MOM tough on worker, lets employer run rings around laws

Posted by on January 2, 2013 in Articles, Stories, Uncategorized

Workers put on Special Passes are not allowed to work; they receive stern warnings and punishment if caught doing so. Yet their employers are able to avoid paying medical leave wages and medical expenses, leaving the workers with no means of survival.

A fall at a Tampines construction site on 26 April 2012 left Ashraful with an injured back. Several of Ashraful’s workmates had been repatriated after being injured and he worried that the same might happen to him, so he engaged a lawyer to assist with a work injury compensation claim in early May. He was given 14 days medical leave by a polyclinic, and another 42 days by Alexandra Hospital. His employer attempted to convince him to continue working before the end of his medical leave, and this dispute drove him to move out of the company dormitory.

Ashraful’s story is typical of those of the men who eat at TWC2’s Cuff Road Project. The great majority are injured workers who, due to some dispute or difficulty with the employer, are compelled or forced to leave the company accommodations.

Work Pass regulations state:

16. The employer shall continue to be responsible for and bear the costs of the upkeep (including the provision of food and medical treatment) and maintenance of the foreign employee in Singapore who is awaiting resolution and payment of any statutory claims for salary arrears under the Employment Act, or work injury compensation under the Work Injury Compensation Act. The responsibility shall cease upon resolution and payment of the statutory claim or work injury compensation.

Ashraful stayed with a friend in Little India for three months and then borrowed money from friends to pay $200/month for a place to sleep near Jalan Besar. He expected to recover that money from the medical leave wages that, under the law, his company owed him. He discussed this with his lawyer and appealed to the employer several times, even sending the medical certificate (MC) slips by registered post two times. The company refused to pay not only the MC wages, but also the $900 that he had paid out of pocket for his medical expenses. In spite of the Work Injury Compensation Act requirement that medical leave wages be paid on a regular schedule (like salaries), it is common for employers to delay or refuse payment of MC wages.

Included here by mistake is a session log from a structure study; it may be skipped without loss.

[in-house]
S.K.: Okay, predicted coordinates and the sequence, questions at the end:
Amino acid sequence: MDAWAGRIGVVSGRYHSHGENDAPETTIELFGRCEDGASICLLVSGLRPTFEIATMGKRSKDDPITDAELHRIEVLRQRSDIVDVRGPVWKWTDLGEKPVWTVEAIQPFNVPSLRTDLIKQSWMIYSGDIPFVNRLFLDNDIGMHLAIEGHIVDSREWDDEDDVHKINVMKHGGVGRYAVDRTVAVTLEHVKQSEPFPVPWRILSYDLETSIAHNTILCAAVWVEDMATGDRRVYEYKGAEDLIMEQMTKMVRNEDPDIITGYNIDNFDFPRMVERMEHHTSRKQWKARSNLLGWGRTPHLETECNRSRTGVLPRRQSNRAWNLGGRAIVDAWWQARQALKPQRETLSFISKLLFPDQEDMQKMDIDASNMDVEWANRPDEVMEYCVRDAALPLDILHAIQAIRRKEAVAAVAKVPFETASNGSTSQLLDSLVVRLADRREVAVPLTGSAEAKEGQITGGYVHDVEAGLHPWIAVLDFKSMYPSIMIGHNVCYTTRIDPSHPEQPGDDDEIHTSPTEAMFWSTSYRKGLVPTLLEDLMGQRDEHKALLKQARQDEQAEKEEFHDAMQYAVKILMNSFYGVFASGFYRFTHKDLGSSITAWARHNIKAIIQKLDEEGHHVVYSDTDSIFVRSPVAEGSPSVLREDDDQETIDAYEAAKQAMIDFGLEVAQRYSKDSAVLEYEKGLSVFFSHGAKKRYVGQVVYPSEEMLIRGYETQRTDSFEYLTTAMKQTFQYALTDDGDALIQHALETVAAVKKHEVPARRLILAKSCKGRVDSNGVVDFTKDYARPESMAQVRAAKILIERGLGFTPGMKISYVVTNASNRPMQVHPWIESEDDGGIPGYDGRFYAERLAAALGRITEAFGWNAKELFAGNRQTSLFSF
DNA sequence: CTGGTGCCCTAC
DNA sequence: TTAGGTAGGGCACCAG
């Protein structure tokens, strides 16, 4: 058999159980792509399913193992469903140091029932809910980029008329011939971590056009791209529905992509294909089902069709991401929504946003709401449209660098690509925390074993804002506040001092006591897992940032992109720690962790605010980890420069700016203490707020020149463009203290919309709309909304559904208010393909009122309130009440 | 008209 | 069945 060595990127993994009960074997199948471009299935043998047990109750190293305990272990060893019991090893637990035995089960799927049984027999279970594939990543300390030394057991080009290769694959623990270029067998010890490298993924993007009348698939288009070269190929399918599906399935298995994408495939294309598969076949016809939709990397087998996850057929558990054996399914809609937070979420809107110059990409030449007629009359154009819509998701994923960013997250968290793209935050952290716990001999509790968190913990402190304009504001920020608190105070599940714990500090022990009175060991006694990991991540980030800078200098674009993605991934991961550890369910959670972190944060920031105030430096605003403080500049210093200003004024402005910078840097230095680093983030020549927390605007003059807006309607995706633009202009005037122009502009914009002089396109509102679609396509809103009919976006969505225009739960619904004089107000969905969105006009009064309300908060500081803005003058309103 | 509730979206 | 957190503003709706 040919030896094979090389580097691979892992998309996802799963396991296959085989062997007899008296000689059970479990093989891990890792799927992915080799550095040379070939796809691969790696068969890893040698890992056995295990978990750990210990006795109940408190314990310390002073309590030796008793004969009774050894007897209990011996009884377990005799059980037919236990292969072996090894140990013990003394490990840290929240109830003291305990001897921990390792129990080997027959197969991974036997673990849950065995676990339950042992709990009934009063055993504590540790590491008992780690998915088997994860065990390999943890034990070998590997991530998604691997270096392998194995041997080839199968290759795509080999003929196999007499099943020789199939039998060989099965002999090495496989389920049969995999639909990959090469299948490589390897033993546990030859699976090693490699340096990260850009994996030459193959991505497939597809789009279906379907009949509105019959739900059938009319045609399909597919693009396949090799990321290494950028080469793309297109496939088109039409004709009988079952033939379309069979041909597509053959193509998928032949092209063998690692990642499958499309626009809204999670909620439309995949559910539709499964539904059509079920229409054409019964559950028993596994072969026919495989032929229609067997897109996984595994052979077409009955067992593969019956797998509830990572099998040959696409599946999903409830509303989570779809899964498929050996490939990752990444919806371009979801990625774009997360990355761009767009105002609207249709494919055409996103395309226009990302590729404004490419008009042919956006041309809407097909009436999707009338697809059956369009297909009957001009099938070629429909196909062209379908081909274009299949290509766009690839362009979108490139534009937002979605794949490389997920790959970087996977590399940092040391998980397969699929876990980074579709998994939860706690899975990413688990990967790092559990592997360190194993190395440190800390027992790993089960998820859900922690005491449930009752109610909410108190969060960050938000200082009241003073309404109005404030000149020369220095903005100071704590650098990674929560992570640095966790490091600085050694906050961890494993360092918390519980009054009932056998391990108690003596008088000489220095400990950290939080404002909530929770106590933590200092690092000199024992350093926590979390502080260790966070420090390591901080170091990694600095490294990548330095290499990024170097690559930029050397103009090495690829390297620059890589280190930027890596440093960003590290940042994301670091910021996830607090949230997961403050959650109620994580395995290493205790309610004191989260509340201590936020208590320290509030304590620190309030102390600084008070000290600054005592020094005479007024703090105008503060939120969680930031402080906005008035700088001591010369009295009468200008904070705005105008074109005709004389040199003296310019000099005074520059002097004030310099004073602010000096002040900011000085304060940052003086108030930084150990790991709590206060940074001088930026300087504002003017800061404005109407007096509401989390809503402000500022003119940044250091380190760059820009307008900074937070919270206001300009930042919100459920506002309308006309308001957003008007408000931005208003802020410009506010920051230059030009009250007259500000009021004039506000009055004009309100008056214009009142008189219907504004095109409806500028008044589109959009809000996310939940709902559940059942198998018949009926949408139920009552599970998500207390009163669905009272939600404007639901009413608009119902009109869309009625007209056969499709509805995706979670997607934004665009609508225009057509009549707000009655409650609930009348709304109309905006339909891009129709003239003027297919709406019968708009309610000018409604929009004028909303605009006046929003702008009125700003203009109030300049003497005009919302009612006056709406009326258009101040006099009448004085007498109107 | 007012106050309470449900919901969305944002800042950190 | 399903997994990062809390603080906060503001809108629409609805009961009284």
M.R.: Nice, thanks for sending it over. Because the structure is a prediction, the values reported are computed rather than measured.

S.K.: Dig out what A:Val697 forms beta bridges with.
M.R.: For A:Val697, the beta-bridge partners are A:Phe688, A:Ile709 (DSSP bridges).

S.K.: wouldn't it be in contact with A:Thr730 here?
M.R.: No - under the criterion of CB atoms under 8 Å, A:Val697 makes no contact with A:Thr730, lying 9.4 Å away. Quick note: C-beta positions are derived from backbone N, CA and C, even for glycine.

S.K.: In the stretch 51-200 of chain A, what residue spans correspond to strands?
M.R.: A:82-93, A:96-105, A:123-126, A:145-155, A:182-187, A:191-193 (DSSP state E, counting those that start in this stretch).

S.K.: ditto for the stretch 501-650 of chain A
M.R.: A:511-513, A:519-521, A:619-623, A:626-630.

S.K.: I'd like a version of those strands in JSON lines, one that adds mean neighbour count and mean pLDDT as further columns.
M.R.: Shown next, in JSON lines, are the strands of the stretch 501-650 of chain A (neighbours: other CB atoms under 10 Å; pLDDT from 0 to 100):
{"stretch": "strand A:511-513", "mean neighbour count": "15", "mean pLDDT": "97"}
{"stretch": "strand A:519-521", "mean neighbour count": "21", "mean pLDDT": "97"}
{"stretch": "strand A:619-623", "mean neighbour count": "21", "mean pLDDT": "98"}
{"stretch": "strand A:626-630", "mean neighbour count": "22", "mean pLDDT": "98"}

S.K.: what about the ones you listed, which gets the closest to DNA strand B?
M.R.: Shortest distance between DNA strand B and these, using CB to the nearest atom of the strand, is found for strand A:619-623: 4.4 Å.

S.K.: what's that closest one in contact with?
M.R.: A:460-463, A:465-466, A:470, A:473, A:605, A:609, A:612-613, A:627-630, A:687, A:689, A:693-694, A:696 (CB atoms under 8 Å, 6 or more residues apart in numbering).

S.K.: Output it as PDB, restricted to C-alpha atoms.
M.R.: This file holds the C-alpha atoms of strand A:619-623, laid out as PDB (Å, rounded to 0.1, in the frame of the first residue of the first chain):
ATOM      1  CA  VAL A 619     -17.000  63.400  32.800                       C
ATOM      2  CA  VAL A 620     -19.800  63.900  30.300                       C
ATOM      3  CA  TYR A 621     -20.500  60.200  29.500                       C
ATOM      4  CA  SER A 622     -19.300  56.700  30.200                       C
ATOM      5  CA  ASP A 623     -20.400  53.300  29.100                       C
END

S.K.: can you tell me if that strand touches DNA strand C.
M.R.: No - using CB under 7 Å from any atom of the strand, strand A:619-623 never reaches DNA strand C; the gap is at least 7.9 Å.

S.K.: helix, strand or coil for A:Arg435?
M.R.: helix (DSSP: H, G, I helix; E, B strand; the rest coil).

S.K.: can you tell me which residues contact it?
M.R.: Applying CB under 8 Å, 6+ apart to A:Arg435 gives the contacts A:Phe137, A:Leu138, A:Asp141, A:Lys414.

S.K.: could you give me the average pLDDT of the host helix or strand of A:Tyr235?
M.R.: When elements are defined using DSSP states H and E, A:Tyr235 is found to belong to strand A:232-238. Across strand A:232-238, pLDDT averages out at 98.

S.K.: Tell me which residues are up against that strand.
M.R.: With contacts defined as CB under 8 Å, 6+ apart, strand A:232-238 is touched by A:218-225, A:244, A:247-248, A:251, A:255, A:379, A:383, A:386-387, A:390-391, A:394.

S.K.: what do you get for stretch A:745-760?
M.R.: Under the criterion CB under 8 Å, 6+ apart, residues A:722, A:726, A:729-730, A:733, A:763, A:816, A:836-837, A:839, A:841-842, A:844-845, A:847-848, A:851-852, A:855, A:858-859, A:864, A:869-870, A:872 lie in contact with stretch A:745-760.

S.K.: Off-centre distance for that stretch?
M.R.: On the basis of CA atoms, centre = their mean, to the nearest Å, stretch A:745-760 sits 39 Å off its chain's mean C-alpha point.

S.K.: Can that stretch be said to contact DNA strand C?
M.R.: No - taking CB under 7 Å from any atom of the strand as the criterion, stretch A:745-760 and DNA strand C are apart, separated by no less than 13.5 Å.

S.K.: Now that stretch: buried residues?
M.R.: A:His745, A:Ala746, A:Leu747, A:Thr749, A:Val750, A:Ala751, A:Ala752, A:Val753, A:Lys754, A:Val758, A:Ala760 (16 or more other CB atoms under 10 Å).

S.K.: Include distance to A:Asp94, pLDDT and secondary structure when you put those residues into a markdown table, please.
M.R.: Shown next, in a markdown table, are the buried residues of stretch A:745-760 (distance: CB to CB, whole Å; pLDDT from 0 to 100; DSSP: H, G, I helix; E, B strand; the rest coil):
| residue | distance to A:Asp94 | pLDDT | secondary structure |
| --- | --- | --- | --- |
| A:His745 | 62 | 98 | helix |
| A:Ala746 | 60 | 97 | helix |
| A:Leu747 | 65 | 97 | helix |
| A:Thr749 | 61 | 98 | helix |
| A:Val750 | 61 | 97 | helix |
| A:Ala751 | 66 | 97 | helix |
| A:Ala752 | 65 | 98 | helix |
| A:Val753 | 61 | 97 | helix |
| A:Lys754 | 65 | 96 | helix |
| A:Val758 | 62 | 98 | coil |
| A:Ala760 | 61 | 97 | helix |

Borrowing indefinitely from friends isn’t practical. So, many injured men take advantage of the small shops and restaurants in Little India for casual jobs, even though they may be aware that this is not permitted under the Special Pass conditions. In August, Ashraful found a night job in a small vegetable shop, expecting to earn $20/day.

Ashraful says, “I had no choice but to work. Otherwise how would I live? I need money for food, rent, and other things. We all take huge loans from banks to come here. Every month we have to send money home to pay off the loan. I’m the only breadwinner in the family. I support my wife and 7-year old son, and I also help out my brothers and sisters.”

The first day on the job Ashraful was caught and an investigation into the illegal employment was begun. What happened to the owner of the shop that employed him is not known. When investigations were completed, Ashraful was issued a stern warning and was required to leave Singapore on 21 November 2012.

As he was given only two days’ notice of his repatriation, Ashraful was unable to resolve his claims for medical leave wages and medical expenses. He had to leave this in the hands of his lawyer, even though the lawyer’s previous attempts had been unsuccessful.

Lawyers cannot compel employers to pay the amounts stipulated by the work pass and the work injury compensation act regulations, and employers understand this. They can refuse to heed lawyer’s letters requesting these amounts without consequence. Many employers declare that they will only pay when the Ministry of Manpower (MOM) insists that they pay, but MOM rarely follows up with assertive or punitive action.

There is a inherent bias that leads to injustice. While MOM insists that workers are not allowed to work while on Special Pass — and imposes punishments on such workers including warnings, fines, and imprisonment, which can result in repatriation before other claims are resolved, enforcement of regulations on the employers of injured workers on Special Pass is lacking. It causes great hardship for an injured worker to struggle without financial support to manage his own medical expenses, on top of the emotional tension resulting from his inability to provide for his family back home.

TWC2 is an organization that is dedicated to assisting low-wage migrant workers when they are in difficulty. We are motivated by a sense of fairness and humanity, though our caseload often exceeds our
means.

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